- Mr Vanga recently said love means the liberty to slap each other
- Now, he claims the interview was "edited"
- Mr Reddy has been criticised for defending his film 'Kabir Singh'
Kabir Singh director Sandeep Vanga Reddy now claims his controversial interview to Film Companion in which he said love means the liberty to slap each other was 'edited in a very wrong way so that a section of women got another chance to attack me' - no doubt the same section of women who are among those calling out Kabir Singh's extreme misogyny and whom Mr Reddy dismissed in his interview as people who had never been in love. Speaking to Deccan Chronicle, Mr Reddy said he was only trying to explain how his protagonist's mind worked and that Film Companion 'cut out portions of (his) comments.' Sandeep Vanga Reddy has been pilloried recently for defending and perpetuating his film which presents a violent and sexist version of love.
As headlines and think pieces about his original interview pile up, Sandeep Vanga Reddy told Deccan Chronicle: "I had to say what I had to say. And then they cut out portions of my comments. Now people don't know what I said before and after those comments. The content was edited in a very wrong way so that a section of women got another chance to attack me. But I was trying to explain my protagonist's mindset. Violence may be his way of expressing love. It's not mine."
Possibly the most controversial of Mr Reddy's extremely controversial remarks made to film critic Anupama Chopra for Film Companion was on the subject of scenes in Kabir Singh showing the titular hero and his meek love interest, played by Shahid Kapoor and Kiara Advani, slapping each other. "If you don't have the liberty of slapping each other, then I don't see anything there," Mr Reddy said, adding, "If you can't slap, if you can't touch your woman wherever you want, if you can't kiss, I don't see emotion there."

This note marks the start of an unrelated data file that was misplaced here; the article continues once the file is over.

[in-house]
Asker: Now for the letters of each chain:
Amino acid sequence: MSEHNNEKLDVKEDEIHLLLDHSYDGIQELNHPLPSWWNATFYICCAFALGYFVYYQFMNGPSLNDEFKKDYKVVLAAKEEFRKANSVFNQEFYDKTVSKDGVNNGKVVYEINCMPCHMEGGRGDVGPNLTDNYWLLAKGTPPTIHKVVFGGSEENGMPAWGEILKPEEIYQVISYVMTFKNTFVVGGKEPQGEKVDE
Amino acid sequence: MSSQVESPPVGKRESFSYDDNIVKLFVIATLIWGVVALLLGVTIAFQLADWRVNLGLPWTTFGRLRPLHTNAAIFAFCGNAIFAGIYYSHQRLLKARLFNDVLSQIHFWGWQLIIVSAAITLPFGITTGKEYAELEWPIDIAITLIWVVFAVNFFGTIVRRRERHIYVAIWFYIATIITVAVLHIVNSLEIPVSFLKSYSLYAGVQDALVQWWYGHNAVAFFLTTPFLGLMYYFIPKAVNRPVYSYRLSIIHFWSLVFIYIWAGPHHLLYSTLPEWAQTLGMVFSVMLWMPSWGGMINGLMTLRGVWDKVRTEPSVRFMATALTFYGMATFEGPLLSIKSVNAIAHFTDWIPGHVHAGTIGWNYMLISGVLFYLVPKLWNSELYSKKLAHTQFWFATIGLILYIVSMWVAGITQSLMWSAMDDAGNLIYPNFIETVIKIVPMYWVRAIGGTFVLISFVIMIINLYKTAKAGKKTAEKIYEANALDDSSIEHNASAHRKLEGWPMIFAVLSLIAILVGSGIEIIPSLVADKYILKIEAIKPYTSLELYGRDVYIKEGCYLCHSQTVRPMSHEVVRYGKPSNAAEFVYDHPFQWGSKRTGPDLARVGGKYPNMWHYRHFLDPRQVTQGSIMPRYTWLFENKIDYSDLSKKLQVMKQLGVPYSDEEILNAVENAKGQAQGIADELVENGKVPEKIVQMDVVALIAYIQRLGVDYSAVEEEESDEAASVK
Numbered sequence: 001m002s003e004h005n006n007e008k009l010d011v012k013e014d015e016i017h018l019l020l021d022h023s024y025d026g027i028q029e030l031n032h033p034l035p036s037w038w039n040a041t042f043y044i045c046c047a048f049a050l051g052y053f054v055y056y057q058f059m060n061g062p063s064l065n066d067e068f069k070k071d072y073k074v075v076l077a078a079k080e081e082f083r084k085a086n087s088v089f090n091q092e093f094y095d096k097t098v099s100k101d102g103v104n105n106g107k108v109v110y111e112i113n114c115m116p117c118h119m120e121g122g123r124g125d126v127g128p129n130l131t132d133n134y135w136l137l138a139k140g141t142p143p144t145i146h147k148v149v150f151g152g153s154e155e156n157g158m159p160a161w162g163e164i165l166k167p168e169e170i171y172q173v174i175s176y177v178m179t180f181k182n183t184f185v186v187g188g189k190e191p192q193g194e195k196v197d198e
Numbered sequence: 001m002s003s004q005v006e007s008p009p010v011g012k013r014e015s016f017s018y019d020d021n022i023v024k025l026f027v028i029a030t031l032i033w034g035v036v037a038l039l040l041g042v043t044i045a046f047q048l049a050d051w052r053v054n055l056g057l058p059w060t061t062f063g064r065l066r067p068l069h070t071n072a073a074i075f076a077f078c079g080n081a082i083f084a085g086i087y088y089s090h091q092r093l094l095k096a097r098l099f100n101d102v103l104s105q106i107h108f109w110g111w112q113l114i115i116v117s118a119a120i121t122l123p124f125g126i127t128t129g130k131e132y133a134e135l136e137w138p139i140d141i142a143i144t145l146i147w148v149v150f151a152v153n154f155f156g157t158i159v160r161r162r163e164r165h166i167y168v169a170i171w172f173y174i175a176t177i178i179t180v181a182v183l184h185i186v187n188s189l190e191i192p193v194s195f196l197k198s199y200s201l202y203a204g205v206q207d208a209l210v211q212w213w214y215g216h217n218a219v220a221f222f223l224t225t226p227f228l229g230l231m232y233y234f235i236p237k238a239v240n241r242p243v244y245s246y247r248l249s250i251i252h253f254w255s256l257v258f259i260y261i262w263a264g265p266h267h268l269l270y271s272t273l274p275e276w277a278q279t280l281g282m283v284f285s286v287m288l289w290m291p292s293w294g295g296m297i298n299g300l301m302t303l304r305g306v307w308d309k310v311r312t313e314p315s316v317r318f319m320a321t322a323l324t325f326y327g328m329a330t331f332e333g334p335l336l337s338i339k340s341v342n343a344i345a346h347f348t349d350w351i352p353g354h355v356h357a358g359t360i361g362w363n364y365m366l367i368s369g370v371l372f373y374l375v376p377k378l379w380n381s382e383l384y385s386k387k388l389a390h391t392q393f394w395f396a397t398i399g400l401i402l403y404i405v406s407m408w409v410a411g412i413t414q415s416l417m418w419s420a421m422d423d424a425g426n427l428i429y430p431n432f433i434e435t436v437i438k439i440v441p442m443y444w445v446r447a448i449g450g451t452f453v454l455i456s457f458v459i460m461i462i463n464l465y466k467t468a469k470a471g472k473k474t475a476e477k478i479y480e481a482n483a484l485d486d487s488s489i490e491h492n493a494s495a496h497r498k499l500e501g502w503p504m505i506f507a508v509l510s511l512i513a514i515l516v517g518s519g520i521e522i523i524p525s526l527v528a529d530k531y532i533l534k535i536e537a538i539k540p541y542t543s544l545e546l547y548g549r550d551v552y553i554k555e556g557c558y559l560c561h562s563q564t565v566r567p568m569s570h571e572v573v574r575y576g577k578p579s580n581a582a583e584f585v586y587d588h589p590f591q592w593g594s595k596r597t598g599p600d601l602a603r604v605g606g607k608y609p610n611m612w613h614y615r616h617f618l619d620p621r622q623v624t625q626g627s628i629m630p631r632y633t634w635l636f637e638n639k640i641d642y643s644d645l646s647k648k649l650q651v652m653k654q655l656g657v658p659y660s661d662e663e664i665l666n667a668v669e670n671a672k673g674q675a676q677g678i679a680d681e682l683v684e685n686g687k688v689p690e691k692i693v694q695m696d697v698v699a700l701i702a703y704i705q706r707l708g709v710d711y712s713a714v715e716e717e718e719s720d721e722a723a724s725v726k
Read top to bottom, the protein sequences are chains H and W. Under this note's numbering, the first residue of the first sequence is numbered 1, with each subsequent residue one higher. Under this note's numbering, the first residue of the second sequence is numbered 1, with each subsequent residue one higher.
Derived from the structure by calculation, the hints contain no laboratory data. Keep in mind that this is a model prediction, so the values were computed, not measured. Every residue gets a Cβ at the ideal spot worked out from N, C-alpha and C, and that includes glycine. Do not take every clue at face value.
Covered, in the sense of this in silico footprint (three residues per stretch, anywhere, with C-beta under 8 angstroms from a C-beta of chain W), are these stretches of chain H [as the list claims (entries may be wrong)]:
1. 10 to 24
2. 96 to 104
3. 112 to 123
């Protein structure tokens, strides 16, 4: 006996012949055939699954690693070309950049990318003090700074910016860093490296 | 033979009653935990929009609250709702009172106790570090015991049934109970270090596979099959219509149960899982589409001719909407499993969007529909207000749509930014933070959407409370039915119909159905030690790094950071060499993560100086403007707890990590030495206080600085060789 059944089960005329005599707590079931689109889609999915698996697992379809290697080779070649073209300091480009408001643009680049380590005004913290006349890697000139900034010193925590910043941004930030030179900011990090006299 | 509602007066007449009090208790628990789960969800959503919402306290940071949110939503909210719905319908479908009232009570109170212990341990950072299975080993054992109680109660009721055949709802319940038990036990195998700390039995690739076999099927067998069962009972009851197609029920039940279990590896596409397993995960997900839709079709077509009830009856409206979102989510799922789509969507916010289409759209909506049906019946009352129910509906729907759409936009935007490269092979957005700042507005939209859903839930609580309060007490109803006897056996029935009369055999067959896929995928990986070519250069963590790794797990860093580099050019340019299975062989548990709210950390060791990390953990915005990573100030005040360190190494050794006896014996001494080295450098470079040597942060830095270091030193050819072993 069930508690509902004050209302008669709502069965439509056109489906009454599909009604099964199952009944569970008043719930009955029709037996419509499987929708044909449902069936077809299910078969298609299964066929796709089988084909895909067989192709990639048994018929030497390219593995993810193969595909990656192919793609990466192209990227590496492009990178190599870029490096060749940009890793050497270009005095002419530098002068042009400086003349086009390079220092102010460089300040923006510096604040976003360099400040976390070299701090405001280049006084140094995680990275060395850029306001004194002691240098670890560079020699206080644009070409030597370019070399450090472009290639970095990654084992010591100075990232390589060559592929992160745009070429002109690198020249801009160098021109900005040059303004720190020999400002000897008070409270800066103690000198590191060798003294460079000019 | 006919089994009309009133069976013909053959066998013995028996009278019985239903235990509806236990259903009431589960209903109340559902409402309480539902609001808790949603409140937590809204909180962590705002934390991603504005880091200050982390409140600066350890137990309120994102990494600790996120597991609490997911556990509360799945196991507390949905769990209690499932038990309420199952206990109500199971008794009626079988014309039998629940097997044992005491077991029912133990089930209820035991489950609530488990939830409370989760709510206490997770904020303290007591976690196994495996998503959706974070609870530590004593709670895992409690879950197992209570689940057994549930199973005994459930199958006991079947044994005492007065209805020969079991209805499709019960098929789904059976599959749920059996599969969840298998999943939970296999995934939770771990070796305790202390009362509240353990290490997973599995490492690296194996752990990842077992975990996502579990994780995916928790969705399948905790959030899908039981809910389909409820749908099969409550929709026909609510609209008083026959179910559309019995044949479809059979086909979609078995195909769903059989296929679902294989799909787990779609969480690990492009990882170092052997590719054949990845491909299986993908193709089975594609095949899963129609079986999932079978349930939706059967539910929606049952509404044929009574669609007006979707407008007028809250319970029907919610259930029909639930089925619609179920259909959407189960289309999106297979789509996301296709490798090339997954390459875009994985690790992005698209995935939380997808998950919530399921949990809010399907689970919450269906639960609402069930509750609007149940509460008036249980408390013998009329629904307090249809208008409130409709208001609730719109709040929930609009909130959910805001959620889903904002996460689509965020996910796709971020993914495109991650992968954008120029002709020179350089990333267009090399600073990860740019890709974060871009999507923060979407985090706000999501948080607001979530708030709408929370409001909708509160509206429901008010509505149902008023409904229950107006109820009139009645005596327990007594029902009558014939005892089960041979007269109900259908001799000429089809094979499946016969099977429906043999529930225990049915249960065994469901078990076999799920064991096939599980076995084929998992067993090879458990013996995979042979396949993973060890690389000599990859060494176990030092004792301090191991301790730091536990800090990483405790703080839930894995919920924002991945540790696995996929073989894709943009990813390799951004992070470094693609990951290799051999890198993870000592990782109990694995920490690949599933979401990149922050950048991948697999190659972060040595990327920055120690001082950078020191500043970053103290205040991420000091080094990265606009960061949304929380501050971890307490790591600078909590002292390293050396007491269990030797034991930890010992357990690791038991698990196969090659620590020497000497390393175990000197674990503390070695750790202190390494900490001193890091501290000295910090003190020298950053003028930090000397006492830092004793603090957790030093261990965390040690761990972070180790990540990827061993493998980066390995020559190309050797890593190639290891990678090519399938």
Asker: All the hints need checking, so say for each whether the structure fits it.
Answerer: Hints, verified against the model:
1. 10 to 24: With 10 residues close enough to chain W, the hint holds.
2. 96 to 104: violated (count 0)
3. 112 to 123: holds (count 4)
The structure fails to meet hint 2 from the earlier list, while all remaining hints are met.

Speaking to Deccan Chronicle, Sandeep Vanga Reddy attempted damage control. "I never said one "needs" to slap. All I meant was, one needs to be fully honest in a committed relationship. And that honesty can take a violent form. And why is only Kabir slapping his girlfriend being talked about? What about the fact that she too slaps him back? It works both ways. How they express their love is their choice. Why are some people judging them? And judging me for the way the character's behaviour? My point is, in a true relationship the emotions can get raw and violent," he said. A clarification that's hardly going to soothe those disturbed by Mr Reddy's earlier comments.
Watch the Film Companion interview here:
Film critics have almost unanimously savaged Kabir Singh, the story of an extreme personality driven deeper into a spiral by a failed romance, in their reviews for normalising, even glorifying violence and toxic masculinity. Despite the film's problematic content, however, it has snuffed out competition at the box office, soaring to stratospheric heights. At last count, it had made almost Rs 240 crore in a little over two weeks, inching closer to the lifetime collection of this year's biggest film so far, Uri: The Surgical Strike.
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